A Christian should study, then vote her conscience
To the editor:
I write in response to the letter “A Catholic’s call for a pro-life president” (Weekend Gazette, Sept. 29).
I am also pro-life but do not consider this an obvious or easy choice that should be made on the basis of one issue. My Catholic missal prays “... that the life of every human person, from conception to natural death, might be enshrined and protected in our laws.”
If an unborn child has rights, do they end at birth? Does she or he have the right to affordable health care even if born with a medical need that could be considered a pre-existing condition?
Should his or her family have access to adequate food and shelter to raise this child? Being truly pro-life should color our attitude toward many different issues in addition to abortion.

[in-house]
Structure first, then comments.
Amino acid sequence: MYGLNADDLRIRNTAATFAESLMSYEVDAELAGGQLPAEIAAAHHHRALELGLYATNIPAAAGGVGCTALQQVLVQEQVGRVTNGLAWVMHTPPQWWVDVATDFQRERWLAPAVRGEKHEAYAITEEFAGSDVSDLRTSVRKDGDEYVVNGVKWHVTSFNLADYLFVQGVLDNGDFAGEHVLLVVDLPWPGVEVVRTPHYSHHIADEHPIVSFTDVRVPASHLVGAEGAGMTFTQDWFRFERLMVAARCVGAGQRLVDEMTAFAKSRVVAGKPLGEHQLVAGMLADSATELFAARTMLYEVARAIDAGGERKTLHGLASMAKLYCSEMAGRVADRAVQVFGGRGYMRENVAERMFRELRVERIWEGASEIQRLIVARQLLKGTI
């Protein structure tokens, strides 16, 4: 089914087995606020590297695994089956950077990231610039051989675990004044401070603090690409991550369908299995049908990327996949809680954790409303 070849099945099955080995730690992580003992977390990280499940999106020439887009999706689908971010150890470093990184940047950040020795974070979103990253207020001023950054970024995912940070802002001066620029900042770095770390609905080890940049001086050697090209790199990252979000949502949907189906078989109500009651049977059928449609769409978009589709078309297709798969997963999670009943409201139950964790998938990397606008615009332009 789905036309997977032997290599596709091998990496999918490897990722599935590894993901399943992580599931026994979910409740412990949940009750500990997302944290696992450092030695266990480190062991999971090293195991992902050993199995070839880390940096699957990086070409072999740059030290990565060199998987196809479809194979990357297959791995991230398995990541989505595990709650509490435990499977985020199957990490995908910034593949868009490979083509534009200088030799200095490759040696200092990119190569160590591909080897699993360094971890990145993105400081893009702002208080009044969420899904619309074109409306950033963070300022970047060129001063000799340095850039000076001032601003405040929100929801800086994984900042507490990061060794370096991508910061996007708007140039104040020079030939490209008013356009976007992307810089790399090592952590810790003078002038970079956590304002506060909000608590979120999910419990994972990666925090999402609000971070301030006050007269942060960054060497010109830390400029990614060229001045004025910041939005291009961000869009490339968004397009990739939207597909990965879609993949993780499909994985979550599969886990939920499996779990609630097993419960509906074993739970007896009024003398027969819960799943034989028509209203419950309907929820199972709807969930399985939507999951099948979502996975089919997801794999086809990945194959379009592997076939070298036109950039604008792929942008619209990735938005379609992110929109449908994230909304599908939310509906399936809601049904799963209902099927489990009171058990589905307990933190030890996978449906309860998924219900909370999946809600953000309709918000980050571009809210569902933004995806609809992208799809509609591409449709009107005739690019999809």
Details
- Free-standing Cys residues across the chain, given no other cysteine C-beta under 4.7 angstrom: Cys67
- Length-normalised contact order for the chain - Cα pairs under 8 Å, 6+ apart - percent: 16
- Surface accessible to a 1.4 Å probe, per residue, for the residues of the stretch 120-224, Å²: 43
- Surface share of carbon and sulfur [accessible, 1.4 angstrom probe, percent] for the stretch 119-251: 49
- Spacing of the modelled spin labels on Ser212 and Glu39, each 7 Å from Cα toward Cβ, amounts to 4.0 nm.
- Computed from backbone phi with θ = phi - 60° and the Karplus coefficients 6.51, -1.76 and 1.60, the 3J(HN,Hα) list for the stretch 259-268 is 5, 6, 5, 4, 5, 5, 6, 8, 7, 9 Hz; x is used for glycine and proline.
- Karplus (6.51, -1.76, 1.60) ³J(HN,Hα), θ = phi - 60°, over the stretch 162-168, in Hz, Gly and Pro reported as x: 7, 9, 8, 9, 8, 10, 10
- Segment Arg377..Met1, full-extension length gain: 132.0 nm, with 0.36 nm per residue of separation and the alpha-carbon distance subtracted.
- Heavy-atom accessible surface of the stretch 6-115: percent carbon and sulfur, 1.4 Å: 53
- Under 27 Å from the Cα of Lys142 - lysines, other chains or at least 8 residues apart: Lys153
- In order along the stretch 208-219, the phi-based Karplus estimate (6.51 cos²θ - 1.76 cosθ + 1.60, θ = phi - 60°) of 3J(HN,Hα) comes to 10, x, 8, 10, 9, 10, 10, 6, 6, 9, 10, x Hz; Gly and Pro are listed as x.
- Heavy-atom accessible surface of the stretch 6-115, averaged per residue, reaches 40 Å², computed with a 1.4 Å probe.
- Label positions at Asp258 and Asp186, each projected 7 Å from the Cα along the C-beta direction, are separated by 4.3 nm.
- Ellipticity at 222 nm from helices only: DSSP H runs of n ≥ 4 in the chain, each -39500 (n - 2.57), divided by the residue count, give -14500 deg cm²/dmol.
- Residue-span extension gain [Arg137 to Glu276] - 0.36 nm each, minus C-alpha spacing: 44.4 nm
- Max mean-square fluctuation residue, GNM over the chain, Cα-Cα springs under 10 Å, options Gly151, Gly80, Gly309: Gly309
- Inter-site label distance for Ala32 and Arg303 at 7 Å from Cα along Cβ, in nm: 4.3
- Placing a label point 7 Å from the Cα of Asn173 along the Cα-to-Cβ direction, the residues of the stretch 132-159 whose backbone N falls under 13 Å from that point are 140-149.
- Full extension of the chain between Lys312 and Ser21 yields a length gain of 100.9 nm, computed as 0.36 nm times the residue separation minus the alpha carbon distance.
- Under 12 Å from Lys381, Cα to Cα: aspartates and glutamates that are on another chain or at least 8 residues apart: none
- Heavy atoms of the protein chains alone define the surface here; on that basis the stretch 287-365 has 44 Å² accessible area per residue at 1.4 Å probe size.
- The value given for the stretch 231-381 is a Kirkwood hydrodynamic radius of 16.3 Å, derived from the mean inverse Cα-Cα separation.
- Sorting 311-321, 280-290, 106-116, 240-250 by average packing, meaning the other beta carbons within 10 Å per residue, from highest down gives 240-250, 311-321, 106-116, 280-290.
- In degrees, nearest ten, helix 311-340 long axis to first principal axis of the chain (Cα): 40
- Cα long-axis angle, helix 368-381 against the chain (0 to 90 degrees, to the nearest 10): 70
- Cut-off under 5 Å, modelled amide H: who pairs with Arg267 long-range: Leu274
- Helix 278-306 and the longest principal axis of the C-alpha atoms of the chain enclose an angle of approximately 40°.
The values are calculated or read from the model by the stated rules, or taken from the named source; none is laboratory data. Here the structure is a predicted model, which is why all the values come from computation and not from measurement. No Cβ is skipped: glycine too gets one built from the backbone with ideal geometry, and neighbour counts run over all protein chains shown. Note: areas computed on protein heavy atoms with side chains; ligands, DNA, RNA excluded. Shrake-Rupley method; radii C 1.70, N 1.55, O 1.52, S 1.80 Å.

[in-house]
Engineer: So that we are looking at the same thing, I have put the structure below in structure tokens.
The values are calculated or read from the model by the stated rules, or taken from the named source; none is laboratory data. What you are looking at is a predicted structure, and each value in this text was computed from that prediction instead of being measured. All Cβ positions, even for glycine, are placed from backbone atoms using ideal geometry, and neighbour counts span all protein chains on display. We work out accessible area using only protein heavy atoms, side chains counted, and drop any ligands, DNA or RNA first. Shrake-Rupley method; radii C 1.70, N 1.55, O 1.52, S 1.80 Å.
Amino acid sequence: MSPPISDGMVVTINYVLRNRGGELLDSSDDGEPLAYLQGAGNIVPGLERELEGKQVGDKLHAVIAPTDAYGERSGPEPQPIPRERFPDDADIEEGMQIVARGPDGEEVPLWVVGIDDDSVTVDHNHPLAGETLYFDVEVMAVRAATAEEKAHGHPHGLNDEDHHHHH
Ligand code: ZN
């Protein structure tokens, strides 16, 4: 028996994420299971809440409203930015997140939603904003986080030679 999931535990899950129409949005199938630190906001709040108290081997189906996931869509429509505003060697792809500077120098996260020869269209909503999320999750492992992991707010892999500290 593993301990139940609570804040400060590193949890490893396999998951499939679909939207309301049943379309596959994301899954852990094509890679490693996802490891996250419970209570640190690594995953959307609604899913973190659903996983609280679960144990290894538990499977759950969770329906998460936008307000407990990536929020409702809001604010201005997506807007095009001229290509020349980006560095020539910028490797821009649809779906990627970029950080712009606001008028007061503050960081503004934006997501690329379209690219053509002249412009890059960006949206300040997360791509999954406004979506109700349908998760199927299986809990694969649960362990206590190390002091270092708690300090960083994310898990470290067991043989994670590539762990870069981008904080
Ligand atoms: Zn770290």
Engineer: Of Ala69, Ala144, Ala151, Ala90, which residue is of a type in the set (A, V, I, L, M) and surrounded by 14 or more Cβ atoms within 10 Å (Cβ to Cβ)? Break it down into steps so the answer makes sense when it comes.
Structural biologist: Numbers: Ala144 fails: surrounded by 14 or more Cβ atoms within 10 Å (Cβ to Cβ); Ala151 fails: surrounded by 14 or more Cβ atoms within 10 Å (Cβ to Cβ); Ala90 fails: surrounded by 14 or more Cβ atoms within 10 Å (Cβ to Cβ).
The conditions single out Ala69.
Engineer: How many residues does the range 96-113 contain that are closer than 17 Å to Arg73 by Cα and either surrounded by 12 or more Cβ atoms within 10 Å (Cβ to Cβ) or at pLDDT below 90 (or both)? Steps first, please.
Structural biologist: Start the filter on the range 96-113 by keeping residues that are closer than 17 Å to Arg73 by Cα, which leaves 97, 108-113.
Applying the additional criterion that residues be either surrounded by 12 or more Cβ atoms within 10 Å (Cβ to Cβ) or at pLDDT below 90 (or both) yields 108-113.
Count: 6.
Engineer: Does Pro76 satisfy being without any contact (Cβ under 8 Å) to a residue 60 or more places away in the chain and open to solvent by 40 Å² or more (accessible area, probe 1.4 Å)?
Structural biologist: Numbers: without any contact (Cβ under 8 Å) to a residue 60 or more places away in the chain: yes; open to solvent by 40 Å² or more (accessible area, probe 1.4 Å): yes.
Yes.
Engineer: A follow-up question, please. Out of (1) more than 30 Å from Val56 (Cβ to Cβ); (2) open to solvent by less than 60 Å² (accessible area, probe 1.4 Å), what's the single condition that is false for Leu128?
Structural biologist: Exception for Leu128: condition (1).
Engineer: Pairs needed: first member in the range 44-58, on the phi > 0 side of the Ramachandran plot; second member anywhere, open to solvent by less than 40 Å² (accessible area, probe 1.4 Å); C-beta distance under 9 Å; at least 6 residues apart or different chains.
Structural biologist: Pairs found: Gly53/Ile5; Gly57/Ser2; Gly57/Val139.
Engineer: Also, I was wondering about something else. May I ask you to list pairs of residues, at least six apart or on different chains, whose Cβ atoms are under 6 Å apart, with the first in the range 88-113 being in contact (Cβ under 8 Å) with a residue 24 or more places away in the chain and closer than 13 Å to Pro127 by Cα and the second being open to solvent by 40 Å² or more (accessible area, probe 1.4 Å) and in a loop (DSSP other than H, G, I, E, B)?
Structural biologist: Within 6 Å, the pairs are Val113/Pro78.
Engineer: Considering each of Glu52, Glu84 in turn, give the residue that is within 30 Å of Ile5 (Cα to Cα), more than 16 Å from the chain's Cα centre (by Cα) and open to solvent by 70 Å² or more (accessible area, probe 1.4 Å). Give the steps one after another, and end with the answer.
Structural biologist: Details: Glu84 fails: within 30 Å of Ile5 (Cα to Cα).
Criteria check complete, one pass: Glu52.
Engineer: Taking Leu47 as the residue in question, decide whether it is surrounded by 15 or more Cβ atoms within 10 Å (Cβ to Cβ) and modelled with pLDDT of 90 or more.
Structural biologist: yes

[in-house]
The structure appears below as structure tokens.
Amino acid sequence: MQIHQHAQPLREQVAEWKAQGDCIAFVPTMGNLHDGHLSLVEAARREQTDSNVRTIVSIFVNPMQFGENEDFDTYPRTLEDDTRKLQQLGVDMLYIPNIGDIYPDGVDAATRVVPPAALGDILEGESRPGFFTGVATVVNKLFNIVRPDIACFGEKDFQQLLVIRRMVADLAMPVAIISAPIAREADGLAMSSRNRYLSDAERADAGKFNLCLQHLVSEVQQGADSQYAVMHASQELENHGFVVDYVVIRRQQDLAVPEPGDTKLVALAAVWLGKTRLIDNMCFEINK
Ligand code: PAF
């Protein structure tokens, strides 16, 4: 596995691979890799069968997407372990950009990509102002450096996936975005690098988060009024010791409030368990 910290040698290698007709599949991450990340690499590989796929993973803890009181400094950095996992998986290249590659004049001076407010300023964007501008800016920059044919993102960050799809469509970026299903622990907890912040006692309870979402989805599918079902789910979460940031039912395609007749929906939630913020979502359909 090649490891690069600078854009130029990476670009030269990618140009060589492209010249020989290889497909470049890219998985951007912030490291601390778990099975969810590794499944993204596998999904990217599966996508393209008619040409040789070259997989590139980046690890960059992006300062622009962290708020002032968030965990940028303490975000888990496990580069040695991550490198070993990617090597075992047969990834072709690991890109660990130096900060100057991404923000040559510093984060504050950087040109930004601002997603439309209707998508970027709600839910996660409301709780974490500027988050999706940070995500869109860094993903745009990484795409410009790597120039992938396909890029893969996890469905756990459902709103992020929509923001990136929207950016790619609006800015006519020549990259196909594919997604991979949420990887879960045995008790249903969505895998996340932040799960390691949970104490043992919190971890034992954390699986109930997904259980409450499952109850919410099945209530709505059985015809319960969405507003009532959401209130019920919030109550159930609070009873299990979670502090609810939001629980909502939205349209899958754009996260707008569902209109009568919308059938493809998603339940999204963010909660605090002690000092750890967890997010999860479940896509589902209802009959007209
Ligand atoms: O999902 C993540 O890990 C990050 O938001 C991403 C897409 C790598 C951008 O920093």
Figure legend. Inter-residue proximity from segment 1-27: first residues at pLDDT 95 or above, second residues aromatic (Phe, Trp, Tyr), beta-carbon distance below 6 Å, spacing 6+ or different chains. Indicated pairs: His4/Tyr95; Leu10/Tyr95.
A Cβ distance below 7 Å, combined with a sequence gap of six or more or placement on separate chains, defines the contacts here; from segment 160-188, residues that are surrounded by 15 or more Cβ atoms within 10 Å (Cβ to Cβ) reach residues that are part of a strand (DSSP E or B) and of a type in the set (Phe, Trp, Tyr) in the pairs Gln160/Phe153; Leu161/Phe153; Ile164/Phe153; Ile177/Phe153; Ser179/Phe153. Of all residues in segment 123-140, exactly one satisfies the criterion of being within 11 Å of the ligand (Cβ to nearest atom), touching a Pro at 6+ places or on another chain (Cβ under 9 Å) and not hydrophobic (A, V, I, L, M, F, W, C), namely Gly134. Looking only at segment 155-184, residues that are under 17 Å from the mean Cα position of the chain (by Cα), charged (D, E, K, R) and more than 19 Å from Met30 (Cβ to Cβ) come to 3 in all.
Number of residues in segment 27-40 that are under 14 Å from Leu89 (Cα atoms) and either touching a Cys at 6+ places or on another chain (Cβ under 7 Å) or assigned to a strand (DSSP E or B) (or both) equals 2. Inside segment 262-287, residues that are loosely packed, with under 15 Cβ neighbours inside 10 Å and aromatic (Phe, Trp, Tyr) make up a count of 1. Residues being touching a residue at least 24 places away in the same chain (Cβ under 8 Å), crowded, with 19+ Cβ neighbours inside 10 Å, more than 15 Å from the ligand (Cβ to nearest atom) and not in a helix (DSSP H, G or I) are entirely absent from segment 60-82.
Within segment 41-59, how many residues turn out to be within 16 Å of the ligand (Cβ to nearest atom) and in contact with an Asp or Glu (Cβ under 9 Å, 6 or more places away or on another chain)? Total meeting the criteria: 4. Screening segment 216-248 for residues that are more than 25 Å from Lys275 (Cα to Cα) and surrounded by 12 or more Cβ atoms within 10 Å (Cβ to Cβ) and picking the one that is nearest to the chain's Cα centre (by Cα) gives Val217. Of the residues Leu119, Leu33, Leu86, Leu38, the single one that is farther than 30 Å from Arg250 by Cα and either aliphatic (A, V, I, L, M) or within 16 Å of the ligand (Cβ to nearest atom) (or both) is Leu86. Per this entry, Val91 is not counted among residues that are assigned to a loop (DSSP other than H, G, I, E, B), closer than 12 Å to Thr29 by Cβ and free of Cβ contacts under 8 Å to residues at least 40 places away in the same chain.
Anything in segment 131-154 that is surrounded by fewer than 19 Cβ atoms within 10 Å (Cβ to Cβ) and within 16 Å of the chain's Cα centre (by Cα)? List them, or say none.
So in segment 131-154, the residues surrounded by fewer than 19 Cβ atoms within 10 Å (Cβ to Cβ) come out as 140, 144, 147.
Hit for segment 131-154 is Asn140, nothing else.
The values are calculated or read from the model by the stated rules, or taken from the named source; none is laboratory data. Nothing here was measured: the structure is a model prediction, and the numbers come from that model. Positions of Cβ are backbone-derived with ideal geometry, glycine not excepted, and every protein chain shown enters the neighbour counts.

Some of these include immigration reform, gun laws and laws regarding the death penalty, to name only a few. How many death row inmates have eventually been proven innocent by recent DNA testing and how many more have we put to death before they might have been?
It’s far easier to proclaim what we oppose than it is to decide what we stand for and how we can be part of the change we feel is necessary. As Christians we know how we will be judged. We may well ask ourselves, as the letter writer suggested, “What would Jesus do?” However, let’s not immediately assume that we have the answer.
I would not presume to tell anyone for whom they should vote, but I would tell them how to vote. Study all the issues, pray with an open mind and then vote your conscience.
Irene St. John